If you are in a car accident where each driver was 50% at fault, what happens next depends upon the state in which the accident occurred. Below are the three major types of negligence law in effect in the various states. Which type of negligence law is in effect in that state affects your ability to sue or be sued for damages:
- Pure contributory negligence: This is the most draconian type of negligence standard that only a few states have. It means if you were even 1% at fault for the crash, you cannot recover damages at all. The same holds for the other driver: If they were 1% at fault, they cannot recover damages. So, in a 50 50 accident, the injured driver theoretically cannot recover damages.
- Pure comparative negligence: You can recoup damages in proportion to your degree of fault. If you are 50% at fault and have $5000 in damages, you could recover $2500.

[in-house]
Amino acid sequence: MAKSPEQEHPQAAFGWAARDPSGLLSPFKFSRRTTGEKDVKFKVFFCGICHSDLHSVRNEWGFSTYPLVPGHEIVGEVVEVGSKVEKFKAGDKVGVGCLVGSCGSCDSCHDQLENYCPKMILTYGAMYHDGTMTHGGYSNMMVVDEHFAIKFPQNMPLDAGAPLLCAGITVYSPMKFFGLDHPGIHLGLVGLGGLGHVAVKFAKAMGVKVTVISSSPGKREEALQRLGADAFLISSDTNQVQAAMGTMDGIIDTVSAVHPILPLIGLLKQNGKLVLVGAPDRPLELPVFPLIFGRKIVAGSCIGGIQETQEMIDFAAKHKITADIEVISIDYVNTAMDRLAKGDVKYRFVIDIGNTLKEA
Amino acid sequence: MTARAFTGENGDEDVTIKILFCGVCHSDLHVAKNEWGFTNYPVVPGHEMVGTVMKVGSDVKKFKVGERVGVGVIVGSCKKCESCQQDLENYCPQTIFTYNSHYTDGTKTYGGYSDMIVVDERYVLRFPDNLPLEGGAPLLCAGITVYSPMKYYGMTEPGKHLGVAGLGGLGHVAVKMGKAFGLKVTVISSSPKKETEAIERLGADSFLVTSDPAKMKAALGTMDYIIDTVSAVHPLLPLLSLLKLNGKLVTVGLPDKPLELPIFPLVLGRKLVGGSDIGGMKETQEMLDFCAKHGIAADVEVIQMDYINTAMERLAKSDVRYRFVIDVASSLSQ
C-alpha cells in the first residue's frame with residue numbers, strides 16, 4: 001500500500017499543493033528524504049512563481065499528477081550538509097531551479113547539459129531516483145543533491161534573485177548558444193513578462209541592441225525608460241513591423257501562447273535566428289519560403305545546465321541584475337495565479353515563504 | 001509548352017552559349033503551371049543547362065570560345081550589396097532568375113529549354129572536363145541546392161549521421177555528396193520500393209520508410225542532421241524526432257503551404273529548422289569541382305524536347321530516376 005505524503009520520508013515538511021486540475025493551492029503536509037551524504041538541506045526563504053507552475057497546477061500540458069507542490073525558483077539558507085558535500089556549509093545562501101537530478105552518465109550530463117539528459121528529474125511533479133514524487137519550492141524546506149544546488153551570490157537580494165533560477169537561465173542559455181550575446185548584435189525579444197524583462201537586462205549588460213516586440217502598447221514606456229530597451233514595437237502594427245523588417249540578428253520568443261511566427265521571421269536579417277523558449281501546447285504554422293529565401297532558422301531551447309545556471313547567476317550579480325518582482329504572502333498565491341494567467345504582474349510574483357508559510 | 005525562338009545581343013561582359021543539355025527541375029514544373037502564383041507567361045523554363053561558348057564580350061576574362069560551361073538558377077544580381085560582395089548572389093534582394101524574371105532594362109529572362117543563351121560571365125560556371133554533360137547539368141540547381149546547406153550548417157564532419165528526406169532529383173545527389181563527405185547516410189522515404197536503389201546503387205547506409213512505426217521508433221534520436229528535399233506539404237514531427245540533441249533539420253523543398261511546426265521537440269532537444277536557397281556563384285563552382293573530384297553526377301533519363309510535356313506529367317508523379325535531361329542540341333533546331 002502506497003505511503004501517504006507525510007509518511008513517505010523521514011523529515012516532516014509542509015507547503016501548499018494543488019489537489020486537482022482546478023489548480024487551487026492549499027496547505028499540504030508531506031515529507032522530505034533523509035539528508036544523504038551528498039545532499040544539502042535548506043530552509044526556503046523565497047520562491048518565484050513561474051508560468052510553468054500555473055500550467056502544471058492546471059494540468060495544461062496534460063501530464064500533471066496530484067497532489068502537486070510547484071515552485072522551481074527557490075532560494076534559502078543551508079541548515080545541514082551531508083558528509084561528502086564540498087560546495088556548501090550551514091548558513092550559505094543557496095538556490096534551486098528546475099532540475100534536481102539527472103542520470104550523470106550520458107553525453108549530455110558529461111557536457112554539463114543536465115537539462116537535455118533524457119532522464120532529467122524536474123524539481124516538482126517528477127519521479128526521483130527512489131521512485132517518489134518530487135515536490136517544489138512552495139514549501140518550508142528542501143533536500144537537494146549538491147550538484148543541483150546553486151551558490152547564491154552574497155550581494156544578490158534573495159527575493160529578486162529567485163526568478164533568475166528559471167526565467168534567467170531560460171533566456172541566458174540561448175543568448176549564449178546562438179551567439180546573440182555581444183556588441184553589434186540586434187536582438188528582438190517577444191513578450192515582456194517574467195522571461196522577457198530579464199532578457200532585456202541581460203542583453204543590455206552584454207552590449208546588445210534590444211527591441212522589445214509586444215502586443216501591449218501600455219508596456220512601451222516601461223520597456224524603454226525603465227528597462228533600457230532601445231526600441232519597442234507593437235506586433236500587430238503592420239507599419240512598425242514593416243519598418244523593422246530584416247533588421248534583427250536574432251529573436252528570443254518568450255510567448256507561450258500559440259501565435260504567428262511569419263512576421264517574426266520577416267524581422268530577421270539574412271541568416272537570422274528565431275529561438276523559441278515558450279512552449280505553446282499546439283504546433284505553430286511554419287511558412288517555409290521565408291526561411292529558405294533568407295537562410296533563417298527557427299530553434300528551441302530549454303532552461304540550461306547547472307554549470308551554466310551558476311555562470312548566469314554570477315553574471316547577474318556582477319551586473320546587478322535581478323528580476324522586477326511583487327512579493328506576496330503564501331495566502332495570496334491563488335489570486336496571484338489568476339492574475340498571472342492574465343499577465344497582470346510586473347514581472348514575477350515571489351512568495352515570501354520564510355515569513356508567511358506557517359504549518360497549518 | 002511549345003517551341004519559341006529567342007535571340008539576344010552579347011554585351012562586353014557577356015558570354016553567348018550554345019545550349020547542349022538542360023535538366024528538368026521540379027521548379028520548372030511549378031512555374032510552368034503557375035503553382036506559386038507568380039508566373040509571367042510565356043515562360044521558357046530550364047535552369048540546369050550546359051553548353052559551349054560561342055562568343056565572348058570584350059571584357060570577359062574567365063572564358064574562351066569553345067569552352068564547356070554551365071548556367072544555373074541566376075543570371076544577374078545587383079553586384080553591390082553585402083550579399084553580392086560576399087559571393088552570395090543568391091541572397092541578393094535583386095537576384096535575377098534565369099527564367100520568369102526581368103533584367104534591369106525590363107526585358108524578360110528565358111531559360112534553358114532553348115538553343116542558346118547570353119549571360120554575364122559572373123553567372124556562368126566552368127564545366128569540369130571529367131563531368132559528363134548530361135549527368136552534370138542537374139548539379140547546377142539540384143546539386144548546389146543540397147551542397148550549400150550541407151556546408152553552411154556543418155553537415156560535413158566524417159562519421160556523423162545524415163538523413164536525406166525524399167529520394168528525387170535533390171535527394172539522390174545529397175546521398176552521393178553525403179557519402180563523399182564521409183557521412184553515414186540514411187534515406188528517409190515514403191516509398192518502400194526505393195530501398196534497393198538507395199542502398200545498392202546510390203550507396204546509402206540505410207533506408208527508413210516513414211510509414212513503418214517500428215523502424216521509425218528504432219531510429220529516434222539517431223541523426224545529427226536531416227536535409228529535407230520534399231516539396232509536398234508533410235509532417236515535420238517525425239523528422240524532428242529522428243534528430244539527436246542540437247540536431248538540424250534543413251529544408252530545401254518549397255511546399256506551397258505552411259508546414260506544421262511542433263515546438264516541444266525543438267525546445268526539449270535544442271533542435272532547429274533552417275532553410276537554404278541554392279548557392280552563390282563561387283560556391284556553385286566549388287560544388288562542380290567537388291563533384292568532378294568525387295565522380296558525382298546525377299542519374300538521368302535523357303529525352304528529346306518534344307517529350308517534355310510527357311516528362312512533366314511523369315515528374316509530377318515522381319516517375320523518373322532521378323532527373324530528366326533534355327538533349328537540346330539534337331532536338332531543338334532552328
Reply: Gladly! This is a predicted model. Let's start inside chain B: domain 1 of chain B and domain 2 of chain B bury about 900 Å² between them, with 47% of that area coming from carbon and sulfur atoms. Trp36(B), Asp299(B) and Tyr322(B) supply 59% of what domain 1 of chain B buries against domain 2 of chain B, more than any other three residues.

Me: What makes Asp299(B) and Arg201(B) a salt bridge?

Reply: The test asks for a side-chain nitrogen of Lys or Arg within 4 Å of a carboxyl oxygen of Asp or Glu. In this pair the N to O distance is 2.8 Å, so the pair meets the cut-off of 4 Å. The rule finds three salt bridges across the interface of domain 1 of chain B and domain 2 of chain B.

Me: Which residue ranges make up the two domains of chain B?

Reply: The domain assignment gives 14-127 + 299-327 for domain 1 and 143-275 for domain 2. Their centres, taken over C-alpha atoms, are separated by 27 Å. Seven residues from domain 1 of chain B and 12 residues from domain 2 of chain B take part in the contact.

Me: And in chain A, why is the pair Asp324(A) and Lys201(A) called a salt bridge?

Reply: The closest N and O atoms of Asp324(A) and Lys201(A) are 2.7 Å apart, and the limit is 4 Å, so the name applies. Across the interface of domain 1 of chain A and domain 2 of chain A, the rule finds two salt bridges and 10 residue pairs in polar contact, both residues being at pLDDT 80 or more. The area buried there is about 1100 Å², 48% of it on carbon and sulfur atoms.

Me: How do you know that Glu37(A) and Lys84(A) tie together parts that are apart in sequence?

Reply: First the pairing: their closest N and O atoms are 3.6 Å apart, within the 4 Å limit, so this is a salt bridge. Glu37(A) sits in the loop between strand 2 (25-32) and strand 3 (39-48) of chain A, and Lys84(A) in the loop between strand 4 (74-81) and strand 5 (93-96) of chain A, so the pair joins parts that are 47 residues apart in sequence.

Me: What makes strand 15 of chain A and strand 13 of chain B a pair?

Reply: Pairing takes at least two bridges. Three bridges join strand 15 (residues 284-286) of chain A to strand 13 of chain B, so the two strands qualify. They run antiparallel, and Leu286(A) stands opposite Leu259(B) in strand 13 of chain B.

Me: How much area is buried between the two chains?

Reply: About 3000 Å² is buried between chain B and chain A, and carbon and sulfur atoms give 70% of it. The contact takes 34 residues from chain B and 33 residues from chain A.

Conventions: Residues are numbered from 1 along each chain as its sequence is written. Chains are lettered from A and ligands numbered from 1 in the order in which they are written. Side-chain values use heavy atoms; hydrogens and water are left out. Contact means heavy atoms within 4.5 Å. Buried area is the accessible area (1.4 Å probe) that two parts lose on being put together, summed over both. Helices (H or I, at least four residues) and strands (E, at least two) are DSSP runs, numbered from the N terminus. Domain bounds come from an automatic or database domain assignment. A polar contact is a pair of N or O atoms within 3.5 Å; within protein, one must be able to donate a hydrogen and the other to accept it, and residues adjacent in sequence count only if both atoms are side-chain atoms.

- Modified pure comparative negligence: This means you can also recover damages based upon your degree of fault, up to a certain percentage of fault. If you have $5000 of damages and were 50% at fault, you generally can recover $2500. But some states have a 49% threshold, so theoretically you could be barred from recovery.